BRAIN DEATH

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BRAIN DEATH:

BRAIN DEATH Ali ShahAbbasi , M.D. Board certified in Anesthesiology , Critical Care & Pain Medicine MPH

PowerPoint Presentation:

The traditional concept of death is that life begins with the first inspiration after birth and death comes with the last expiration, and that cardiac activity ceases within a few minutes of the last expiration. In contrast, the modern concept of brain death adopts the conclusions of modern biologic science (central integrator theory of the brain): that the central nervous system (CNS),including the brainstem, is the control center for the living organism; that cessation of CNS functions represents cessation of the harmony of life; and that without CNS control, the living organism is nothing more than an aggregation of living cells.

DEFINITION :

DEFINITION The three essential findings in brain death are coma , absence of brain stem reflexes , and apnea . An evaluation for brain death should be considered in patients who have suffered a massive, irreversible brain injury of identifiable cause. the irreversible loss of all function of the brain, including the brain stem.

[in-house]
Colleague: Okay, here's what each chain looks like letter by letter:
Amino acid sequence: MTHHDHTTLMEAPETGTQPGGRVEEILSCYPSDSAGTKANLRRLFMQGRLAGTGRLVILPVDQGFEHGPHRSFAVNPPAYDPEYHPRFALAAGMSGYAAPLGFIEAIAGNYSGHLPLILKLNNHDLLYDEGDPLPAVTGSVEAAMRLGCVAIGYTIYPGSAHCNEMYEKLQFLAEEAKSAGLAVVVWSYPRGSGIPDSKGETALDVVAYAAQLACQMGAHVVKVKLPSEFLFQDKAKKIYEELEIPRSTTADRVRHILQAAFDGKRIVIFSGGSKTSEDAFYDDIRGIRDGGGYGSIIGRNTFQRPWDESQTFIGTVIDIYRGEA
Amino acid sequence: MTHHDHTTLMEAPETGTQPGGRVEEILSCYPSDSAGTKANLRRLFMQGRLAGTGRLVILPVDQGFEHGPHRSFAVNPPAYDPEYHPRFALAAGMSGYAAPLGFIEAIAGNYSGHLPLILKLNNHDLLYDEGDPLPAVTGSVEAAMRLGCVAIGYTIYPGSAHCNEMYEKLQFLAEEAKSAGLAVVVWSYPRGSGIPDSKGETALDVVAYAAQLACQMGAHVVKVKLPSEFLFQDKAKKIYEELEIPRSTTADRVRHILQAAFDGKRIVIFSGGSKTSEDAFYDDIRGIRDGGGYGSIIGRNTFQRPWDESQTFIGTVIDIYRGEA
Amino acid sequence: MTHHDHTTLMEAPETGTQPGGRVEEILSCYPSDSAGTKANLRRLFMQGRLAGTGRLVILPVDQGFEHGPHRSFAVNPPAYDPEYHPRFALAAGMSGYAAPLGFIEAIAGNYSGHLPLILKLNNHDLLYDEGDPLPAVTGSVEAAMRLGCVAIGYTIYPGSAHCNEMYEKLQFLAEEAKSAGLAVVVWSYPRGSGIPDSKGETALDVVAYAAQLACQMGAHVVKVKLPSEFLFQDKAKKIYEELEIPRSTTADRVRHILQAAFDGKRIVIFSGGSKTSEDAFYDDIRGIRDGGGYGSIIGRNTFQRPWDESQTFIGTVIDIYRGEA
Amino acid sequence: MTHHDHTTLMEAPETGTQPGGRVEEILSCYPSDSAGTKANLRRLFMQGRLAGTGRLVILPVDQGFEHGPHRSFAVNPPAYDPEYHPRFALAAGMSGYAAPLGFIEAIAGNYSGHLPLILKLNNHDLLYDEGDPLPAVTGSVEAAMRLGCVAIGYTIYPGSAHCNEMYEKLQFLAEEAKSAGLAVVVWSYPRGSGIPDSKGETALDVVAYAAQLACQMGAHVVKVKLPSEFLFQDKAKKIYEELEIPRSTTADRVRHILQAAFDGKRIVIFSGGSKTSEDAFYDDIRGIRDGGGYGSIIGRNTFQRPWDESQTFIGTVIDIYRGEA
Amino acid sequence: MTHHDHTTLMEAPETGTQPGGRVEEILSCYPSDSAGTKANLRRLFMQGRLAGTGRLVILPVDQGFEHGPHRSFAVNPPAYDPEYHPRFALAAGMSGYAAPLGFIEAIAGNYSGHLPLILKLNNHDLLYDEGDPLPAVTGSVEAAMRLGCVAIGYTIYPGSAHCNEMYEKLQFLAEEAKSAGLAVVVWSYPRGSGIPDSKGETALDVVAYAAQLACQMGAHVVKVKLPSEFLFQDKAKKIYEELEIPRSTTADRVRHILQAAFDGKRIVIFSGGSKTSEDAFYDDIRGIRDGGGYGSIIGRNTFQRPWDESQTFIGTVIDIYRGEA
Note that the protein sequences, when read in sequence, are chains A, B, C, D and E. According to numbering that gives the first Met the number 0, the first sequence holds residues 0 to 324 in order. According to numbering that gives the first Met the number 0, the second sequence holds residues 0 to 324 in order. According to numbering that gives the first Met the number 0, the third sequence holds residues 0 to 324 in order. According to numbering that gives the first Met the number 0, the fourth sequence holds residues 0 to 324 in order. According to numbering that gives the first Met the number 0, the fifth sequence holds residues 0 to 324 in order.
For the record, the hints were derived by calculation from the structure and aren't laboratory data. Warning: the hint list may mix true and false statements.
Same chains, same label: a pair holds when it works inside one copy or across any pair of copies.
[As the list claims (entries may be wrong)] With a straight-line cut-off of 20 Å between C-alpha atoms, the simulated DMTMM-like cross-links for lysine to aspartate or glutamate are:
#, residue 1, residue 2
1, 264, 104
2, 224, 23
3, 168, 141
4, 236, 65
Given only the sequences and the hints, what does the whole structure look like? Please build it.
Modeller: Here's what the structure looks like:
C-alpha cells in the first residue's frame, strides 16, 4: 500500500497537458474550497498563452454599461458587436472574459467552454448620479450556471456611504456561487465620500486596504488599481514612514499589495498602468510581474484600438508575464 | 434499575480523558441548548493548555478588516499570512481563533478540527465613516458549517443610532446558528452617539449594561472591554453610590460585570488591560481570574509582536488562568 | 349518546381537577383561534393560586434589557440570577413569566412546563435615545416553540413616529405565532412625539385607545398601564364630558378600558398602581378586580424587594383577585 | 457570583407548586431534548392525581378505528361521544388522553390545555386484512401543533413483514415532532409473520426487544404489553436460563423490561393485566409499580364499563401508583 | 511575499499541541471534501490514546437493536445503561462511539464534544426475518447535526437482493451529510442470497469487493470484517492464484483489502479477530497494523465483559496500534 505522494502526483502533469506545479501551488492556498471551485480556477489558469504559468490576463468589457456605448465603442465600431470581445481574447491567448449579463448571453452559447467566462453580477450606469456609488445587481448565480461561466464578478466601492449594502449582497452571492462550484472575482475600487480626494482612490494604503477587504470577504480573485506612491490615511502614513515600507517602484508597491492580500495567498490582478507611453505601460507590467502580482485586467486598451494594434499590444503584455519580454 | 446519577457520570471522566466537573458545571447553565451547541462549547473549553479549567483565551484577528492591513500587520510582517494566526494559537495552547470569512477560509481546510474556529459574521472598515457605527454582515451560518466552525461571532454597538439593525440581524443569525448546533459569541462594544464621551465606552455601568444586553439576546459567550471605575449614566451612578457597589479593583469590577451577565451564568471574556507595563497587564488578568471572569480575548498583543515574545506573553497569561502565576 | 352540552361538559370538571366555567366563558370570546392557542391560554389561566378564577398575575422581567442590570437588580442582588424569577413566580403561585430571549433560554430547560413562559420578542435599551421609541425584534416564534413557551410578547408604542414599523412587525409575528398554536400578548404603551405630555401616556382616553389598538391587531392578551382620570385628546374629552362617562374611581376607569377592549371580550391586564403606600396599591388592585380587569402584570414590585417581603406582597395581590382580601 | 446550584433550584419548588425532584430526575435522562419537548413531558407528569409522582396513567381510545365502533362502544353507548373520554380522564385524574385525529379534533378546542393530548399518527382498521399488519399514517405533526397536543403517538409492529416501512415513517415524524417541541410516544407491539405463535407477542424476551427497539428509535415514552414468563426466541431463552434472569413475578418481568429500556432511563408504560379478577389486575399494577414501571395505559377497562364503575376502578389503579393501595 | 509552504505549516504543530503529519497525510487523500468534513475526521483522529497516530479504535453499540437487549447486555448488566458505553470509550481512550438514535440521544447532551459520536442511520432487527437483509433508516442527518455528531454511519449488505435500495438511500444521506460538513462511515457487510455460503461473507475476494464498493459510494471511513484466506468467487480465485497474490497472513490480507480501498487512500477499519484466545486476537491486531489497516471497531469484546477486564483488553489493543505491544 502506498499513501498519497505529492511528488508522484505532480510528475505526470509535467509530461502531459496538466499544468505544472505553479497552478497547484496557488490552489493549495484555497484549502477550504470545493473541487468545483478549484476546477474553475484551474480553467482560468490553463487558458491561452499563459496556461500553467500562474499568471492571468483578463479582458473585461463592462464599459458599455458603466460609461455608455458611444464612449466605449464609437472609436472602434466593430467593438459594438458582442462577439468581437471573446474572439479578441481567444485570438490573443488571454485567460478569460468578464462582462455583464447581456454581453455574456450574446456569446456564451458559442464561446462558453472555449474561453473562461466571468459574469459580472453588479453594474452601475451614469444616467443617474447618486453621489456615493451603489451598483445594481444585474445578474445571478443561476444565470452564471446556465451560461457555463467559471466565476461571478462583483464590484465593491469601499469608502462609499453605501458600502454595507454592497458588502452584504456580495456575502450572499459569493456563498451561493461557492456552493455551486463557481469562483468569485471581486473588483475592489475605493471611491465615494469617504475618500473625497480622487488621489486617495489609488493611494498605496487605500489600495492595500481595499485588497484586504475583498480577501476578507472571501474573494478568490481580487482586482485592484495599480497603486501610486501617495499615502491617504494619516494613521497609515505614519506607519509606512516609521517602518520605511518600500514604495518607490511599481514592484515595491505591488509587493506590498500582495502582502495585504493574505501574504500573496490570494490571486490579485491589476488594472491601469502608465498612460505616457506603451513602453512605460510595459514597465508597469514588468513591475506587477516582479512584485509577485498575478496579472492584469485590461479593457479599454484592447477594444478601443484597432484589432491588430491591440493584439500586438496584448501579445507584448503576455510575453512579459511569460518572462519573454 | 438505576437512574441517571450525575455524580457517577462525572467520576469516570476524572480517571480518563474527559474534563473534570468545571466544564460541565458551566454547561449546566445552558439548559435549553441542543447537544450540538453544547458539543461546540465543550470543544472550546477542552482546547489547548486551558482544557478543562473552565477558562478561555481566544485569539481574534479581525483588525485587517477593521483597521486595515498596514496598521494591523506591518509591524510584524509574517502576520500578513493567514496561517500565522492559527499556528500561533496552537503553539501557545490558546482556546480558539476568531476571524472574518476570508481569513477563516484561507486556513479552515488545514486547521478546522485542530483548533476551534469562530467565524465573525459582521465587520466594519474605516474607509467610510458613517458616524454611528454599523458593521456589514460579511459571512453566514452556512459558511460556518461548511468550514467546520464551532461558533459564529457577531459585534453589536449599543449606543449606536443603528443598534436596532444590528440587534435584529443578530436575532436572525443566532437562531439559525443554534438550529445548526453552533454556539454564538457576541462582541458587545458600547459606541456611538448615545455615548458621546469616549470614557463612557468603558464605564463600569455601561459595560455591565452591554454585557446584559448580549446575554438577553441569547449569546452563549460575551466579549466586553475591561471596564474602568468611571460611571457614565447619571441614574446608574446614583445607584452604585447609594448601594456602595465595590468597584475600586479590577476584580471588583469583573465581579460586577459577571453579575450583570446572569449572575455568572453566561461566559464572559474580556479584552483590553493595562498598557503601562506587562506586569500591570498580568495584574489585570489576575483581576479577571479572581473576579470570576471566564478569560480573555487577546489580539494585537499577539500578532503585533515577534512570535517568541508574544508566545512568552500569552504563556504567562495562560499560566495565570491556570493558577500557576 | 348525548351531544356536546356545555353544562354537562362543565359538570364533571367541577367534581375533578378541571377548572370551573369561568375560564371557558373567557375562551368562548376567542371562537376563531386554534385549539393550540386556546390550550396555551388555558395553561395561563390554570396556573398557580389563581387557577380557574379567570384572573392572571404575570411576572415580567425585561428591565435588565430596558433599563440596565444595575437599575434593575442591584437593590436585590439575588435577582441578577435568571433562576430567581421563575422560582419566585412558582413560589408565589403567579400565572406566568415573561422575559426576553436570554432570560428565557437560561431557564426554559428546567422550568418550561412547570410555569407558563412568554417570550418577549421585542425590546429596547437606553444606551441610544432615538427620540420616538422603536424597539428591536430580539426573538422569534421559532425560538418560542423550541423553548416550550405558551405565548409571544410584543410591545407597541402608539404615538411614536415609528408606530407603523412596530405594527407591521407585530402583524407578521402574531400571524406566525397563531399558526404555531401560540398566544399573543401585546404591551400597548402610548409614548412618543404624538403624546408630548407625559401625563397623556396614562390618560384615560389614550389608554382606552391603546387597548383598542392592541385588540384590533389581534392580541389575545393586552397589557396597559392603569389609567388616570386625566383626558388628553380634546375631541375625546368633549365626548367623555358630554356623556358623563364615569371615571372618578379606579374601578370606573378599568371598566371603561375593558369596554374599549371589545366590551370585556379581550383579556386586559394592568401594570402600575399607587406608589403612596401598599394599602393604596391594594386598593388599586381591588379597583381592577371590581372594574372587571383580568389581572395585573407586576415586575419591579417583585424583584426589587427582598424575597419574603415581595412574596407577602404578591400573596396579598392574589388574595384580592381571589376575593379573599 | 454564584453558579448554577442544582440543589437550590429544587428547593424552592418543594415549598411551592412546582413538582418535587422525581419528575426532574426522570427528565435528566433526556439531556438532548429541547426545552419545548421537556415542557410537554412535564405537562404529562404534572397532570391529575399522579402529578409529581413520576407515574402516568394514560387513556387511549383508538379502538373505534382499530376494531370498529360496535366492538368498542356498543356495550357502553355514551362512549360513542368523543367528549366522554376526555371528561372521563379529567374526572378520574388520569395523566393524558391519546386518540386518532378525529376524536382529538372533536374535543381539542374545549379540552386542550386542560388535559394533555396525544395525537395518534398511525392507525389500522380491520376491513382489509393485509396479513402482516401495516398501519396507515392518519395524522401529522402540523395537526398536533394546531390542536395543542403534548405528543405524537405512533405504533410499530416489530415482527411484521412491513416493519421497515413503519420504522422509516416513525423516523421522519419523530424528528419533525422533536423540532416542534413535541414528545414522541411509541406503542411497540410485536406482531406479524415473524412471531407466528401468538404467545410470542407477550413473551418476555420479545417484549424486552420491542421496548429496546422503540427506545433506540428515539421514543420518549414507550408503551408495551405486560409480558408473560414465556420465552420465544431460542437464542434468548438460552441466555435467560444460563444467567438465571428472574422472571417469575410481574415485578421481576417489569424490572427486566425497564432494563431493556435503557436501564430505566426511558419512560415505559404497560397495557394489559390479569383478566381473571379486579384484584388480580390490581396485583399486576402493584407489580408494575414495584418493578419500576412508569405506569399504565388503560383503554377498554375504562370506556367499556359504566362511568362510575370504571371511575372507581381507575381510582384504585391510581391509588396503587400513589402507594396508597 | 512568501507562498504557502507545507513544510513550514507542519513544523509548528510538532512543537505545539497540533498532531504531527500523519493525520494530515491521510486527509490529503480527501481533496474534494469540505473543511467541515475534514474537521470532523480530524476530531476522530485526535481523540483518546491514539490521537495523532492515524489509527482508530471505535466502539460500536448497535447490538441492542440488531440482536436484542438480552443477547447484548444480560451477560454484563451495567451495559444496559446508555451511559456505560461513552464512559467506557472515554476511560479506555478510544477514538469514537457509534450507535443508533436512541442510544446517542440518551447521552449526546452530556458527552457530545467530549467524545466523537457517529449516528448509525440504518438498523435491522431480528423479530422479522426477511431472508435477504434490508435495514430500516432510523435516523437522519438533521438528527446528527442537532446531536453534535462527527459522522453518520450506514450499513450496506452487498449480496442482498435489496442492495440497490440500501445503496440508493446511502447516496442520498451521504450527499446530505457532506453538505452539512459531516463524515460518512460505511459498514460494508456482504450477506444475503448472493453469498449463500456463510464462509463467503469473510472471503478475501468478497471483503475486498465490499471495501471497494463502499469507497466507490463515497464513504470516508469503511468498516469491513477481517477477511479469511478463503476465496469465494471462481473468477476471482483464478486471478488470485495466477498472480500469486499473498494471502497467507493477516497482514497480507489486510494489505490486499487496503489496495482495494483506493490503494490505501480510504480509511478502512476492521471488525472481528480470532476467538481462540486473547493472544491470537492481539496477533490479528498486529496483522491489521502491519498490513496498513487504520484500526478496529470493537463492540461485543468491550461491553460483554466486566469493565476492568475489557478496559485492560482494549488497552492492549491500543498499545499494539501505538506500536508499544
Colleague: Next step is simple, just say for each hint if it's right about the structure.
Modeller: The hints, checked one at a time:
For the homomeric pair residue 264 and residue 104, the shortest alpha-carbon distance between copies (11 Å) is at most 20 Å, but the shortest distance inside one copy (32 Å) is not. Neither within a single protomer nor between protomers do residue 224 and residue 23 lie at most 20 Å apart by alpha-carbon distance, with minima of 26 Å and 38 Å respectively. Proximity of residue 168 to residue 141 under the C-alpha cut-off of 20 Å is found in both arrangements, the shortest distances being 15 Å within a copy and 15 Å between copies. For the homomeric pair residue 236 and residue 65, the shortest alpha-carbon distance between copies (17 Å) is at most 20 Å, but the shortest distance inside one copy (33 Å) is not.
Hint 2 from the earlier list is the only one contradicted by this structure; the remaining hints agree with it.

Etiology of Brain Death:

Etiology of Brain Death Severe head trauma Aneurismal subarachnoid hemorrhage Cerebrovascular injury Hypoxic-ischemic encephalopathy Fulminant hepatic necrosis Prolonged cardiac resuscitation or asphyxia Tumors In most adult series, trauma and subarachnoid hemorrhage are the most common event leading to brain death .

Conditions Distinct From Brain Death:

Conditions Distinct From Brain Death Persistent Vegetative State (VS) Locked-in Syndrome Minimally Conscious State (MCS)

Persistent Vegetative State (Cerebral Death):

Persistent Vegetative State (Cerebral Death) Diffuse Brain Injury with Preservation of Brain Stem Function Normal Sleep-Wake Cycles No Response to Environmental Stimuli

Locked-in Syndrome: